The differences observed among rat strains in both basal [Na+]i and the several cation transport systems seem to be due to the different genetic background as clearly shown in F2 populations or after bone marrow transplantation in MHS. The same may be true for humans. In spite of all the caution taken in interpreting the data, because of the great possibility of methodological errors, it is likely that the differences observed in many laboratories are due to uneven genetic or ethnic composition of the samples studied, as shown by Dagher and Canessa. One intriguing observation is that most reports of "low Na-K cotransport" values in hypertensive patients are from Mediterranean countries (Italy, France, and Spain), whereas most reports of "high," or "not low Na-K cotransport," or very high values of countertransport came from populations originating from North Europe (Denmark, USA, South African whites). We are not aware of any study on erythrocyte Na-K cotransport performed in Great Britain (the greatest source of American immigrants). Indeed the difference in cotransport values between North and South European hypertensives might be due to different environmental factors, but if this is so, the difference does not depend on the salt consumption or plasma lipids that are similar in our high and low Na-K cotransport hypertensives (Cusi D et al, submitted). The picture seems relatively less confusing for calcium. The most consistent alterations in different models of hypertension is a decreased Ca-pump in SHR, MHS, and DOCA rats, reduced calcium binding in SHR and MHS, and reduced microsomal ATP dependent calcium uptake in SHR and DOCA rats. [Ca++]i, which is increased in established hypertension in man and rats, is normal in young prehypertensive rats and humans, and returns to normal values after pharmacological treatment of hypertension. This pattern of changes suggests that genetic control of these transport systems is weaker, and probably much influenced by different environmental conditions. However, because of the pivotal role of calcium in vascular smooth muscle cell concentration, its intracellular increase may be the common pathway of the different forms of hypertension. What remains unclear is the relation, if any, between calcium and sodium. Blaustein tried to find a link between them, but his hypotheses have yet to be confirmed.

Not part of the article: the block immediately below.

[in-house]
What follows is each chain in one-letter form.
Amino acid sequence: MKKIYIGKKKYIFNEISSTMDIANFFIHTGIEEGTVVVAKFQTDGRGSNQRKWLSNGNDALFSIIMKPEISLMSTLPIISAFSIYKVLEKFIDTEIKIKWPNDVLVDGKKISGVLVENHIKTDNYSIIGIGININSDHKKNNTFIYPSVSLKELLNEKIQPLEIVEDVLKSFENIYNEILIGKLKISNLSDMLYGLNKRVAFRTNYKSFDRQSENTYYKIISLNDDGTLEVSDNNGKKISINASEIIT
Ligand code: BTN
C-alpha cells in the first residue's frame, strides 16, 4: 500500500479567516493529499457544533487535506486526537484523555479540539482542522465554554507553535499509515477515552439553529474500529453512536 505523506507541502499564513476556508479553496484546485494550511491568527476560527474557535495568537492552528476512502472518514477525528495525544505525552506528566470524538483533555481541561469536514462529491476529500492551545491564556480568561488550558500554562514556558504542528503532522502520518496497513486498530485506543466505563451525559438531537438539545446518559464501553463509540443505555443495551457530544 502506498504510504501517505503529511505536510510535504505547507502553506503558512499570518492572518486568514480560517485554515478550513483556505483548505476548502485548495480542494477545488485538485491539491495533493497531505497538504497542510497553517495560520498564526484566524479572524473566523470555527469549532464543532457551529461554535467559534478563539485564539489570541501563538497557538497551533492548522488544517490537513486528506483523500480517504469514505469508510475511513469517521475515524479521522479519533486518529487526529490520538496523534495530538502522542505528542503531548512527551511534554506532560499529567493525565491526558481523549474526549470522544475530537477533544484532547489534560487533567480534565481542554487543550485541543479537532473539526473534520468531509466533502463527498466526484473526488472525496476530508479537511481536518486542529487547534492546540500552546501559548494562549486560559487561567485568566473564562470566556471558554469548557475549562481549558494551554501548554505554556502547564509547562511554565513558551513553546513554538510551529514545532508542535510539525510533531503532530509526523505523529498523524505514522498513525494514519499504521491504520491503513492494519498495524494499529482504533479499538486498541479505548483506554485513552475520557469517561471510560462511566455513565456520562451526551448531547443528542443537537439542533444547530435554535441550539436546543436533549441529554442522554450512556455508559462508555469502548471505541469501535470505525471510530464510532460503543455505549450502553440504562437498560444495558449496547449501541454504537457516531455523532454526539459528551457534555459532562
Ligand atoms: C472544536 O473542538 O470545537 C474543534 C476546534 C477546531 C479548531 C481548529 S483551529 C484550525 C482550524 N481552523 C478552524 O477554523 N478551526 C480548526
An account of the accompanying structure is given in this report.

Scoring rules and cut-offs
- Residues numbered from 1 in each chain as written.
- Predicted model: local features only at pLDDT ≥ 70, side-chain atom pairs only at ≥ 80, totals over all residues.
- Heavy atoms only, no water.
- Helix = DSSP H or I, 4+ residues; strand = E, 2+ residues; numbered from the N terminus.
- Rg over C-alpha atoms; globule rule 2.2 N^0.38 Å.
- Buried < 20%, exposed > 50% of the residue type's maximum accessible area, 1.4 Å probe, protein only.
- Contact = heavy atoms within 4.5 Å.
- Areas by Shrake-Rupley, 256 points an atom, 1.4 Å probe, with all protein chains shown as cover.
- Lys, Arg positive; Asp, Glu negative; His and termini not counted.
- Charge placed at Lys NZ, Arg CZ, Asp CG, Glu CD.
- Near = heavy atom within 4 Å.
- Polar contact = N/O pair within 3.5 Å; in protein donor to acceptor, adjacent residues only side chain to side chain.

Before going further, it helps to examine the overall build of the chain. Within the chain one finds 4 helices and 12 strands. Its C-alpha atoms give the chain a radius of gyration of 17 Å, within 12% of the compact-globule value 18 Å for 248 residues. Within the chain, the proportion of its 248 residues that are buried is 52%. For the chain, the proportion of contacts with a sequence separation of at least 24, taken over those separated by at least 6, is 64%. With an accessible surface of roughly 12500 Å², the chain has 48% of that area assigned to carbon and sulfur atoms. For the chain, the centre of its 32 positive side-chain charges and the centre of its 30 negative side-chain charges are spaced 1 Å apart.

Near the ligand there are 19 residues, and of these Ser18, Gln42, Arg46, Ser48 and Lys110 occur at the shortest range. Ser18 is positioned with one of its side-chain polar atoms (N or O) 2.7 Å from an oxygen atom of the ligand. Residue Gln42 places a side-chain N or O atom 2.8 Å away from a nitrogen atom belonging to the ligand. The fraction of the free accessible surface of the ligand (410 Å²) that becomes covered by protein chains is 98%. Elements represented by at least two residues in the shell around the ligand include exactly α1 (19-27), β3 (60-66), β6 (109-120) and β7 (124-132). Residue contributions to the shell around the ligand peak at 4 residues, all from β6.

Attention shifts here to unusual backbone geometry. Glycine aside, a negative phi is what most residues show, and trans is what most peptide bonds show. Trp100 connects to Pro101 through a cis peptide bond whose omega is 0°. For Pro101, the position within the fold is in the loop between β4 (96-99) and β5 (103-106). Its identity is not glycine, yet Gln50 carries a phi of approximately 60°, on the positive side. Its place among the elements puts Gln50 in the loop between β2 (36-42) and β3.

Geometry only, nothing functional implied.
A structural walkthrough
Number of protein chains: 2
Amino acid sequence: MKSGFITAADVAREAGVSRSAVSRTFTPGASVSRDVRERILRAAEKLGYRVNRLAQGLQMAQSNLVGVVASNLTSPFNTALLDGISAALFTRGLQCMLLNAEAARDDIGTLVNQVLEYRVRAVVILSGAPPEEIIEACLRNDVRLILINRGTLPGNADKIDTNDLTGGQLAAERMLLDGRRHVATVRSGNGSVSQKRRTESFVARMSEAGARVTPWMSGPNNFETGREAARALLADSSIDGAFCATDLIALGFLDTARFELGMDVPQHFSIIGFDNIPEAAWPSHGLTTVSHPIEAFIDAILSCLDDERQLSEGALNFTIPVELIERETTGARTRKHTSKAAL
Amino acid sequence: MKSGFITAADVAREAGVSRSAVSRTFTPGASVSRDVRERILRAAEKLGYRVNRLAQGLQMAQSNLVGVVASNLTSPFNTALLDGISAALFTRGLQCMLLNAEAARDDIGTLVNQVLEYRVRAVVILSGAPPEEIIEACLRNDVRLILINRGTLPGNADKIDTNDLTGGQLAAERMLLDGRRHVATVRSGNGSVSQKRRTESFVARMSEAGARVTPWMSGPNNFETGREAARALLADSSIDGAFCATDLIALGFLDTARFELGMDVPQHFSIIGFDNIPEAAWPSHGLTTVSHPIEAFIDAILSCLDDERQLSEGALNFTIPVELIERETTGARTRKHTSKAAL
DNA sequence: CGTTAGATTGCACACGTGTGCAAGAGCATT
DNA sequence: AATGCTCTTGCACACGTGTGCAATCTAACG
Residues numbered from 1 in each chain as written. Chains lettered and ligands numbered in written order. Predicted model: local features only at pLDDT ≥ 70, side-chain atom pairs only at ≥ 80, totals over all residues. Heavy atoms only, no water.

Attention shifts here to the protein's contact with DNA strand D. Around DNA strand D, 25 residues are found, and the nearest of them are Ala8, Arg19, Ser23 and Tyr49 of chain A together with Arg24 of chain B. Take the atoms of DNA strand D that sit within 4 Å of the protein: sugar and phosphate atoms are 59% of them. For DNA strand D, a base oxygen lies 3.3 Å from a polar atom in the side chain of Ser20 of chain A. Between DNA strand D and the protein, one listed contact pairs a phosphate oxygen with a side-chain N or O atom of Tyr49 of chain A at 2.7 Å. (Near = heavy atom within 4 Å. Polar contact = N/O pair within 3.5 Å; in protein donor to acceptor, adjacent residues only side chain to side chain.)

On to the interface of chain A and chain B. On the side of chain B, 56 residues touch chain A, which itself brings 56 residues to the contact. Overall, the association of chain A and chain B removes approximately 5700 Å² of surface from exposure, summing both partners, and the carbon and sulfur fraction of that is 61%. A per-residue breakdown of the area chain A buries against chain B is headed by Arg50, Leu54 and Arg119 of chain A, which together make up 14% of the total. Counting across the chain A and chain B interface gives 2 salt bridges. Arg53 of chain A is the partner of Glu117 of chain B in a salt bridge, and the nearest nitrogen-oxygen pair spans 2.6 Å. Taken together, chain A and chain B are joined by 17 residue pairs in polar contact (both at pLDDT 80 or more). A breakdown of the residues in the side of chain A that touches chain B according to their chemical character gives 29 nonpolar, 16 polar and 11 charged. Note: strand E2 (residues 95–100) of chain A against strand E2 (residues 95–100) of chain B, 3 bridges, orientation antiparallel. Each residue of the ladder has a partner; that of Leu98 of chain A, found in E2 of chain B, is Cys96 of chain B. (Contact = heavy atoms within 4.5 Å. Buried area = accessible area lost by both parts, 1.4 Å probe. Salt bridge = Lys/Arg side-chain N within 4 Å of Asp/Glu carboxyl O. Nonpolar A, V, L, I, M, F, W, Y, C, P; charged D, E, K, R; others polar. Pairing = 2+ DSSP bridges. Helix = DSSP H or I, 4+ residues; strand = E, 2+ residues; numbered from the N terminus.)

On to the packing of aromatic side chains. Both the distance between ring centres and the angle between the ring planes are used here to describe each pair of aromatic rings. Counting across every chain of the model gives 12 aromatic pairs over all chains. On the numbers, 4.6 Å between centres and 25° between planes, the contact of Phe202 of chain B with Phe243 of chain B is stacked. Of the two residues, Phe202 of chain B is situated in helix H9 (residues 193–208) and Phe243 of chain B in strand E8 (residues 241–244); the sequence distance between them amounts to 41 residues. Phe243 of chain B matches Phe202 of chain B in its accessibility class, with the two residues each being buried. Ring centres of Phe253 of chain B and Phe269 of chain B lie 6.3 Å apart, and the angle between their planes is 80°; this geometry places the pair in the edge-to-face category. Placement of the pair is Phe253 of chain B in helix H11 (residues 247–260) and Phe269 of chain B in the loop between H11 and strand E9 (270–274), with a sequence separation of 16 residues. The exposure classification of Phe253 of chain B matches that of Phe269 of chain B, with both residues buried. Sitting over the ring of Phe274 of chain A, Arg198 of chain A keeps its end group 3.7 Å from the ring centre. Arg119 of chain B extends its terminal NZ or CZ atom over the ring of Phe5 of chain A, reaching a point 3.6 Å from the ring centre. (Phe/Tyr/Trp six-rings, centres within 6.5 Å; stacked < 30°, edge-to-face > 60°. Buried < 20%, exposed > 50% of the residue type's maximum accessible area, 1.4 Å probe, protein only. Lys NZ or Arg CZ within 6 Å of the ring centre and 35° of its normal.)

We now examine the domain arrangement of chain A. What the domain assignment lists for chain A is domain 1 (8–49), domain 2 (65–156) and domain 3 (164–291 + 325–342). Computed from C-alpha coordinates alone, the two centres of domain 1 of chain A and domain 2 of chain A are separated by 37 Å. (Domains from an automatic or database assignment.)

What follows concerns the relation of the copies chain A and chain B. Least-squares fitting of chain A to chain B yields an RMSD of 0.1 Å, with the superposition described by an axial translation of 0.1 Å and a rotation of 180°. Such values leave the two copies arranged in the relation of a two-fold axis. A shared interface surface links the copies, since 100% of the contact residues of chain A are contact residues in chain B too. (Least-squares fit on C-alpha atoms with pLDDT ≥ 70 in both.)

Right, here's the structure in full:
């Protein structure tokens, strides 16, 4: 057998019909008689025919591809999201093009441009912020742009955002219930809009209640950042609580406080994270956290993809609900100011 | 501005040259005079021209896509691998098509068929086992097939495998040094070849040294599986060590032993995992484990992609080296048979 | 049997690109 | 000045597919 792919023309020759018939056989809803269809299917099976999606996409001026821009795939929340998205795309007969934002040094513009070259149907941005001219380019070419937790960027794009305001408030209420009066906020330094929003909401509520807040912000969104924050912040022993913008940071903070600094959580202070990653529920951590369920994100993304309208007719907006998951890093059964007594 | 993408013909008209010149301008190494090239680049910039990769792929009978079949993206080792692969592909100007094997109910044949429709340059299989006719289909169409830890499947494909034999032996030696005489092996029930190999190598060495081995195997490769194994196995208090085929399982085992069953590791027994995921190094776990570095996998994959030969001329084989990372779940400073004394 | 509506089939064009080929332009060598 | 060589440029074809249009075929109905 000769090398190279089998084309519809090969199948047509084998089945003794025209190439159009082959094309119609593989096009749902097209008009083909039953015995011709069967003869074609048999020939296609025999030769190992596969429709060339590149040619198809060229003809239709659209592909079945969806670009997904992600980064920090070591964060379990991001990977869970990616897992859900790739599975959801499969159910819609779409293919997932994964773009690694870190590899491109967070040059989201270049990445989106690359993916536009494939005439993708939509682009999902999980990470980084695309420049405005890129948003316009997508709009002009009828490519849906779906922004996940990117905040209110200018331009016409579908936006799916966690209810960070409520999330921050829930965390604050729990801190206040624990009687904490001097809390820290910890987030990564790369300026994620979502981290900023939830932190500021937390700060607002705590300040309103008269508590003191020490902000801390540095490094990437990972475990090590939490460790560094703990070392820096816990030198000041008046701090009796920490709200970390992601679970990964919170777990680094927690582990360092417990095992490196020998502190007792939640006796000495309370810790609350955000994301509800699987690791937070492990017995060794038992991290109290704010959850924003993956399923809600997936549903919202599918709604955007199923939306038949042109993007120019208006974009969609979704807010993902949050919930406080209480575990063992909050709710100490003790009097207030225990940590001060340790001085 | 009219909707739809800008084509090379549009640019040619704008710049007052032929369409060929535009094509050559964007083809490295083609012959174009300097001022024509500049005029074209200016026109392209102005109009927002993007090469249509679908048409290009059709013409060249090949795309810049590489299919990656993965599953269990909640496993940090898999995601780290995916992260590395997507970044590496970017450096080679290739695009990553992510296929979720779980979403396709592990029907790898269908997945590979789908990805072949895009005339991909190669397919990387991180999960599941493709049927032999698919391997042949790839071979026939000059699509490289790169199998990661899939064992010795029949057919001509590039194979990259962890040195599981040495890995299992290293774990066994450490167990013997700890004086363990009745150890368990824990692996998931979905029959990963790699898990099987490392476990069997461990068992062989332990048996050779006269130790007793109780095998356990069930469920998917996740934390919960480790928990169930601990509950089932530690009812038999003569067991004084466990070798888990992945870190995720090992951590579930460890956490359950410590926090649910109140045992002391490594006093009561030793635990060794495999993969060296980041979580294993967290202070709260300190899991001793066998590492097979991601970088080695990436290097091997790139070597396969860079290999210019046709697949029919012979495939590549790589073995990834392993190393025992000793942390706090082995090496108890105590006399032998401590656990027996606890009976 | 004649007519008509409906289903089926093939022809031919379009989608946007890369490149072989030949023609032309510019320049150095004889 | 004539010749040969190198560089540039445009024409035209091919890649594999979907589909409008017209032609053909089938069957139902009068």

|Number of pages||10|
|Journal||Seminars in Nephrology|
|Publication status||Published - Jun 1988|
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